Route 144 started as a service in the 1920s connecting trains, trams and ferries. But the Department's focus began to shift inexorably towards building its bus network, starting in 1937 when Kogarah's steam trams were replaced with trolleybuses. Two years later, tram services from Manly were replaced with buses. In 1948, a recommendation was handed to the Department that the entire network be replaced with buses. Though initially controversial, the move to a bus network secured broad political support and was completed between 1957 and 1961. The Department, renamed 'Government Transport' in 1952, became an operator of buses only.[2][6]

For much of the 20th century, land use planning in Sydney restricted development to corridors within a short distance of the existing railway lines. This discipline broke down in the 1980s, however, when the Wran Government released new areas for development far from existing rail lines.[7][8] This meant that buses outside of the inner-city, government-operated network, would play an increasing role in meeting Sydney's transport needs.

Lang's model divided the city into hundreds of exclusive fiefdoms and did not allow for cross-regional services. Some private operators responded with joint ventures under the "Red Arrow" brand, agreeing to jointly operate routes between major centres in each other's territories. Some of these routes survive in whole or part today.


From 1930 until 1990, private bus companies in Sydney operated as licensed local monopolies, with a relatively free hand to set fares, determine routes, set service levels and choose vehicles. The Greiner Government changed this with the introduction of the Passenger Transport Act 1990. Although the government was loth to challenge the operators' local dominance, it insisted on forming contractual relationships between bus companies and the Department of Transport. These formed the basis for improvements to service standards and – in time – would allow the Government to consolidate the industry and create a truly integrated public transport network. The Government also dismantled one of the shibboleths of the Lang era, allowing Forest Coach Lines and Westbus to run direct services to the City, rather than just the nearest train station. In 1992, an inbound bus lane was installed on the Sydney Harbour Bridge to facilitate the additional services.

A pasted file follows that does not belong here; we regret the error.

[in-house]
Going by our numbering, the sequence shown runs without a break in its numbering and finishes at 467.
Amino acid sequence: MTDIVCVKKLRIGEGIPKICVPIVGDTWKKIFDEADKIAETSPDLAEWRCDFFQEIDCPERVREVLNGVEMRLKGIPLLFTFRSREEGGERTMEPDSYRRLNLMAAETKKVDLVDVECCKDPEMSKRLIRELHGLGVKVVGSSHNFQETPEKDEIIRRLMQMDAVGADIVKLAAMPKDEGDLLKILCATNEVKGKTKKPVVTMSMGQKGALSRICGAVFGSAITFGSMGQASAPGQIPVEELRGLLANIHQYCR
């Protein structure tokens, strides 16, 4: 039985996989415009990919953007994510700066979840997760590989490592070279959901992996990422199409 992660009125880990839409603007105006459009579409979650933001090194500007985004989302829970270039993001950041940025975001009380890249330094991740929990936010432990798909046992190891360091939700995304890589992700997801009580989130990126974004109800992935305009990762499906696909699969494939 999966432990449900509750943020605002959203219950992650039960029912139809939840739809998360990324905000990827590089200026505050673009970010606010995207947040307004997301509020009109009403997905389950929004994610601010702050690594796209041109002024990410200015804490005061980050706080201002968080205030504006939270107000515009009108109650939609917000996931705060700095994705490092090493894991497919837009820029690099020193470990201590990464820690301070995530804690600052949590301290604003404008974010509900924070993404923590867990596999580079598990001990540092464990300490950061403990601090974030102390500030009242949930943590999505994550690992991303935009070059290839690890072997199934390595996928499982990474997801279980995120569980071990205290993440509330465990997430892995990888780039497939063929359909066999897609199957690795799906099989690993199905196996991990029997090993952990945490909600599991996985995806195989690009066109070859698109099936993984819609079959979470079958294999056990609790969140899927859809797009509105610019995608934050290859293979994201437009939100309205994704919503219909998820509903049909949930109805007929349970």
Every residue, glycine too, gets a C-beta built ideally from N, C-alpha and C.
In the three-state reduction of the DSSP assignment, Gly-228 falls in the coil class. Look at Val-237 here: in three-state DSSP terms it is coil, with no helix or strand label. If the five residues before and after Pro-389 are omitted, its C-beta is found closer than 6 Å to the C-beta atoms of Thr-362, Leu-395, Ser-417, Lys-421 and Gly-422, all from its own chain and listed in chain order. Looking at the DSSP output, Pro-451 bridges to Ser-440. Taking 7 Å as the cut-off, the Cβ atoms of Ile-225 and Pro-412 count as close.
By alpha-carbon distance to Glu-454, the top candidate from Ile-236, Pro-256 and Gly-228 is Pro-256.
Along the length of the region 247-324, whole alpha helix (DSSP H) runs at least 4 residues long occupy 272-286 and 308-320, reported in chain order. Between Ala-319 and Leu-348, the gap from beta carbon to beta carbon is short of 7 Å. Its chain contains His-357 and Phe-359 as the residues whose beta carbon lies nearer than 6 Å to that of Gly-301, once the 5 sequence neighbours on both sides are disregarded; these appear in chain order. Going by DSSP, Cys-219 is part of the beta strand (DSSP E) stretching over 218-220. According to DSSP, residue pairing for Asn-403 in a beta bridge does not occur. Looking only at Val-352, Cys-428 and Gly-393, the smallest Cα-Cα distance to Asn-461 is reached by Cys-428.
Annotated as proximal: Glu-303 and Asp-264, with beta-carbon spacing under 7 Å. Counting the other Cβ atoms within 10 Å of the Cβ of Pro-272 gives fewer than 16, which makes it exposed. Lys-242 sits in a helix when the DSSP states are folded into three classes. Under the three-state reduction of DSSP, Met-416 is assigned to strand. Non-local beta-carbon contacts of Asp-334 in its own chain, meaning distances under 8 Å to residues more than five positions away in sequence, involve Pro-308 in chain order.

Unsworth review[edit]

Development in the Hills and Forest districts, far from railway lines, meant that long-distance private bus services poured across the Harbour Bridge to the City each morning. The growth of employment centres outside of the City and inner suburbs, including the growing significance of Parramatta, meant that more and more commuters were making cross-regional, rather than suburb-to-city, trips. Finally, the profusion of bus networks – in 2004, they numbered more than 80 – was confusing to planners and passengers alike. In return for their acceptance of limits to their operations, the small family-owned bus companies had enjoyed immunity from competition themselves. The result was a disparity in fares, vehicles and service quality across Sydney.

The Government commissioned a report into the bus network from former premier Barrie Unsworth. This report, released in 2004, formed a blueprint for major changes to the bus network, including:

  • harmonisation of private and State Transit fares
  • consolidation of bus regions and competitive tendering for rights to operate
  • introduction of new, cross-regional routes.

Consolidation of bus contract regions, from more than 80 to just 15, forced the amalgamation of decades-old bus companies and cleared the way for the entry of players from interstate and overseas.

Starting in October 2008 a number of Metrobus routes were introduced.

Cross-regional connectivity received further boosts with the completion of dedicated T-way networks, between Liverpool and Parramatta and between Parramatta, Blacktown and Rouse Hill.